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Governments hiding behind 'unproven' net-zero carbon targets - Oxfam report

The report argues that the “sudden rush” for ‘net zero’ promises are over-relying on planting trees to remove greenhouse gases.
Aug 3rd 2021, 6:30 AM 11,547 5

TOO MANY GOVERNMENTS and corporations are hiding behind “unreliable, unproven and unrealistic” carbon-removal schemes in order to claim their 2050 climate change plans will be ‘net zero’, an Oxfam report has claimed.

Oxfam’s report ‘Tightening the Net’ has argued that using land alone to remove the world’s carbon emissions to achieve “net zero” by 2050 would require at least 1.6 billion hectares of new forests, equivalent to five times the size of India or more than all the farmland on the planet.

At the same time, the report argues, governments and corporations are failing to cut emissions quickly or deeply enough to avert catastrophic climate breakdown.

The “sudden rush” for ‘net zero’ promises are over-relying on vast swathes of land to plant trees in order to remove greenhouse gases from the atmosphere.

To limit warming below 1.5°C and prevent irreversible damage from climate change, Oxfam argues that the world should be on track to cut 2010 carbon emissions level by 45% by 2030, with the sharpest being made by the biggest emitters.

But countries’ current plans to cut emissions will achieve only around 1% reduction in global emissions by 2030, it said.

Jim Clarken, Chief Executive of Oxfam Ireland said: “The climate crisis is already devastating agriculture globally. It is driving worsening humanitarian crises, hunger, and migration. Poor and vulnerable people, particularly women farmers and Indigenous people, are being affected first and worst.

“Net zero should be based on ‘real zero’ targets that require drastic and genuine cuts in emissions, phasing out fossil fuels and investing in clean energy and supply chains.

Instead, too many ‘net zero’ commitments provide a fig leaf for climate inaction. They are a dangerous gamble with our planet’s future.

“Nature and land-based carbon removal schemes are an important part of the mix of efforts needed to stop global emissions, but they must be pursued in a much more cautious way. Under current plans, there is simply not enough land in the world to realise them all. They could instead spark even more hunger, land grabs and human rights abuses, while polluters use them as an alibi to keep polluting.”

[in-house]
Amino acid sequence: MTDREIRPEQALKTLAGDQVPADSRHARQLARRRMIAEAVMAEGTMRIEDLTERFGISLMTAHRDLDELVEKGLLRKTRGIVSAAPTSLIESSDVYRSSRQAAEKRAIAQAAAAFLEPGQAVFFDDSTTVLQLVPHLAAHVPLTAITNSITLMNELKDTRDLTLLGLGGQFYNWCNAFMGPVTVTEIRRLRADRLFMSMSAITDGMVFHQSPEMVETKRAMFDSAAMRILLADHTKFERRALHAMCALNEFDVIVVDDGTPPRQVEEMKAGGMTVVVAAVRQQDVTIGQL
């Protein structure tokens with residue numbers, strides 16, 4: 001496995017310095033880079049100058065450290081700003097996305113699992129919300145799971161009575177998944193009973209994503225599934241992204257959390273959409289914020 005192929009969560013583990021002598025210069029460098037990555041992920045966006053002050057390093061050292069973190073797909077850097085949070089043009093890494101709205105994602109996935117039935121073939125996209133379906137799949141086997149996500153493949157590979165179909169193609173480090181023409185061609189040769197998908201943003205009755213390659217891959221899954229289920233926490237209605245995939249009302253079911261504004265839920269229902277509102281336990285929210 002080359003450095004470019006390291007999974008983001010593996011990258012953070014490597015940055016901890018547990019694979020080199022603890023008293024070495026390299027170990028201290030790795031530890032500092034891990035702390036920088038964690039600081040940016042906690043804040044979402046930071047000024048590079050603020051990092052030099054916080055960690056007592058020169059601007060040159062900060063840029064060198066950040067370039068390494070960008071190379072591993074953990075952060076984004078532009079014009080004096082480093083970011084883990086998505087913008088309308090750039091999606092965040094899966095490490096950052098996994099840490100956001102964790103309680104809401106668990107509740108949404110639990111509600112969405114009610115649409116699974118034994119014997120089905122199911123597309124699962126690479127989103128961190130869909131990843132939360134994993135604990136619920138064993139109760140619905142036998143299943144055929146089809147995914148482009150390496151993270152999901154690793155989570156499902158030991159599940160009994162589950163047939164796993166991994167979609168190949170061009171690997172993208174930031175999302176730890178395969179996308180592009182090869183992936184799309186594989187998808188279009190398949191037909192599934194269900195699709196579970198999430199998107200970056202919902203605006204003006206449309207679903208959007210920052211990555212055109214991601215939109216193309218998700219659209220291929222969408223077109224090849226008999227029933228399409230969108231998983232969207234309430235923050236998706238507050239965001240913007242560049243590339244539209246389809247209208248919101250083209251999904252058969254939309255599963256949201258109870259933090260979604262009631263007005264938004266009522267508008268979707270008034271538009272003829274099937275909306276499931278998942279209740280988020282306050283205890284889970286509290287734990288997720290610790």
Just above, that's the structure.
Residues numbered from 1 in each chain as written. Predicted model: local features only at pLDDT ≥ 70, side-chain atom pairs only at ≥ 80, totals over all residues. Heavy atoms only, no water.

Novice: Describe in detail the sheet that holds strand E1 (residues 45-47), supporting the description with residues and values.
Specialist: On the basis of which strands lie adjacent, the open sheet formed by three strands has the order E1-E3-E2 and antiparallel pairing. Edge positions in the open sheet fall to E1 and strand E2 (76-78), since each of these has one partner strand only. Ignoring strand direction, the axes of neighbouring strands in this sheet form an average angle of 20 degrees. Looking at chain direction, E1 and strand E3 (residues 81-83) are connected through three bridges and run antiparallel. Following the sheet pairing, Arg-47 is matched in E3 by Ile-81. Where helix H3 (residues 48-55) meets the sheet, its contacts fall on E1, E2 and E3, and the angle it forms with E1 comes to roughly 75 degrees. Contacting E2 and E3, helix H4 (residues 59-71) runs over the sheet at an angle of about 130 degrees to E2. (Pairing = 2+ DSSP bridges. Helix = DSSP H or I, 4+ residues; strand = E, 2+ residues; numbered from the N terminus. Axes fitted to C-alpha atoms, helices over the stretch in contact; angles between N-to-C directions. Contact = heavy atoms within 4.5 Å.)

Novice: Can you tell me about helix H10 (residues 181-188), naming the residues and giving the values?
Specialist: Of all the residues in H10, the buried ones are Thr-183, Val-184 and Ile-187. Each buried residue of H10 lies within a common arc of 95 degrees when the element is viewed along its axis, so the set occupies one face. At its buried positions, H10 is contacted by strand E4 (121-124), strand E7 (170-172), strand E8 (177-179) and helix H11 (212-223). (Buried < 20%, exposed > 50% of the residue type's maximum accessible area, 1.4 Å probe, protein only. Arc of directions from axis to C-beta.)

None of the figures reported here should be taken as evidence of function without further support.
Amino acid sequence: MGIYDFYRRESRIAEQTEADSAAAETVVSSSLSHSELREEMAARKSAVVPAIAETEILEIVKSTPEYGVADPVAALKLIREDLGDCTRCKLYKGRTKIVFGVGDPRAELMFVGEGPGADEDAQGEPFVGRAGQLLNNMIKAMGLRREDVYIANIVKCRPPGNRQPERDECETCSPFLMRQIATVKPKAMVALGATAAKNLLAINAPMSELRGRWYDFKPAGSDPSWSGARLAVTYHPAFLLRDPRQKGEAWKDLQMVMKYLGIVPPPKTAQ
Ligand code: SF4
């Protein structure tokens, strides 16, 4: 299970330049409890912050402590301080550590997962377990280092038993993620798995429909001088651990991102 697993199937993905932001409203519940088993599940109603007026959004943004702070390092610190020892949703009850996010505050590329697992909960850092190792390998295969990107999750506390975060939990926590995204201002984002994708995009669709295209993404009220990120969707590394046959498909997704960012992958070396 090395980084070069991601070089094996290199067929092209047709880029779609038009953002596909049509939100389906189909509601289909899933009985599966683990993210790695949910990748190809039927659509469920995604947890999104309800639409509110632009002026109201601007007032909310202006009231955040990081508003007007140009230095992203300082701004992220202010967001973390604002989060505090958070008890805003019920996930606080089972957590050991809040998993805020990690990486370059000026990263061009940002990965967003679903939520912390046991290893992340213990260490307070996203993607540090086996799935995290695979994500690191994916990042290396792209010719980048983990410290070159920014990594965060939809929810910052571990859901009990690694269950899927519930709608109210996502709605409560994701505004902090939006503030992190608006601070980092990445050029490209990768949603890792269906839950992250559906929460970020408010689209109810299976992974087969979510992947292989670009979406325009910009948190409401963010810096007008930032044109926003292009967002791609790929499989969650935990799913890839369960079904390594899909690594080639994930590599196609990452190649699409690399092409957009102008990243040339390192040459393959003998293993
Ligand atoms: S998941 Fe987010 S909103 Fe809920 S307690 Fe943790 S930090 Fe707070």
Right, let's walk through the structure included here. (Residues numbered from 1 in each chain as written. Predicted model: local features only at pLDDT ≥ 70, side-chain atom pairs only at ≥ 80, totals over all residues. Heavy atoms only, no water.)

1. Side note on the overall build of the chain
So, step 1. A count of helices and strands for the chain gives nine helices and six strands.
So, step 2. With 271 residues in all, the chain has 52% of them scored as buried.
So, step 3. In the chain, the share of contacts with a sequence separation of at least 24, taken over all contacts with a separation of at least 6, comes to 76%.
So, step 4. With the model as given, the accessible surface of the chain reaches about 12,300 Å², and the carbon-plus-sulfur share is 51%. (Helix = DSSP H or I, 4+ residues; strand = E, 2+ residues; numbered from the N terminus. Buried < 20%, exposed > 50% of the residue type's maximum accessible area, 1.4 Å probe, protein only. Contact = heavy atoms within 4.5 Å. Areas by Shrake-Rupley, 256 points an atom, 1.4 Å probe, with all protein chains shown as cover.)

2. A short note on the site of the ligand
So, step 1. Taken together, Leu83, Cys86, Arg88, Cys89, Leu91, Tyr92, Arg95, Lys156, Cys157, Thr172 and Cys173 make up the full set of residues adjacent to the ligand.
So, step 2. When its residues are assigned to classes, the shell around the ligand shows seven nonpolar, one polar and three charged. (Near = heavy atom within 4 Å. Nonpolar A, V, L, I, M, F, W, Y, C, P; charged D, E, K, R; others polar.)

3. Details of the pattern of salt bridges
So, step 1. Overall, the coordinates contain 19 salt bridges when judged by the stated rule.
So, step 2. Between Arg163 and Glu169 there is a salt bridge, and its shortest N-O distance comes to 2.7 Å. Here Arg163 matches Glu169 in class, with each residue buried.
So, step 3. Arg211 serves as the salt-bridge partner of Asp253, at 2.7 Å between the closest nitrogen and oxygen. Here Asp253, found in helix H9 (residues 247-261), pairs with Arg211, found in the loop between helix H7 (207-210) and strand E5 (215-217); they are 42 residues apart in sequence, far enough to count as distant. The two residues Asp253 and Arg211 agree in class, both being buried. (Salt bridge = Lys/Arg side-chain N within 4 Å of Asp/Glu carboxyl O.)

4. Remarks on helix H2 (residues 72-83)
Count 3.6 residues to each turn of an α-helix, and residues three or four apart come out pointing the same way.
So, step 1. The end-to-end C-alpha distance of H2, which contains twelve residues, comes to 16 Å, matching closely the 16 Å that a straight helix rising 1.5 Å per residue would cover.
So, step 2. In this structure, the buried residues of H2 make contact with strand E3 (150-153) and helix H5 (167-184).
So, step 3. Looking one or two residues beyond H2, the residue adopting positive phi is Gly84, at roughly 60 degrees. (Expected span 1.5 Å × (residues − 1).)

Oxfam also argues that if used at scale, land-based carbon removal methods such as mass tree planting could see global food prices surging by 80% by 2050.

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In the run-up to the Glasgow COP this year, more than 120 countries, including the world’s top three emitters ―the US, China and the EU― have pledged to reach ‘net-zero’ by mid-century. 

Clarken continued: “‘Net-zero’ might sound like a good idea, but over-relying on planting trees and as-yet-unproven technology instead of genuinely shifting away from fossil fuelled-dependent economies is a dangerous folly. We will be hoodwinked by ‘net zero’ targets if all they amount to are smokescreens for dirty business-as-usual.

“Land is a finite and precious resource. It is what millions of small-scale farmers and Indigenous people around the world depend upon for their livelihoods.”

“There are no magic fixes to reach ‘net zero’ and Ireland should not expect offsets in low- and middle-income countries to come to the rescue if we miss our emission targets. The society-wide change that is required for Ireland to reach its 2030 ambition and ‘net zero’ by no later than 2050 can only be achieved if it is fully supported by a broad supportive national policy framework, including our fiscal policies, sustainable finance, spatial policy, and the national and EU research ecosystem.

“Ireland’s pathway to ‘net zero’ will not affect all groups equally at the same time. Actions to support individuals and communities in undertaking the necessary changes are, therefore, important considerations for policy design in all sectors of the economy,” Clarken concluded.

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Gráinne Ní Aodha


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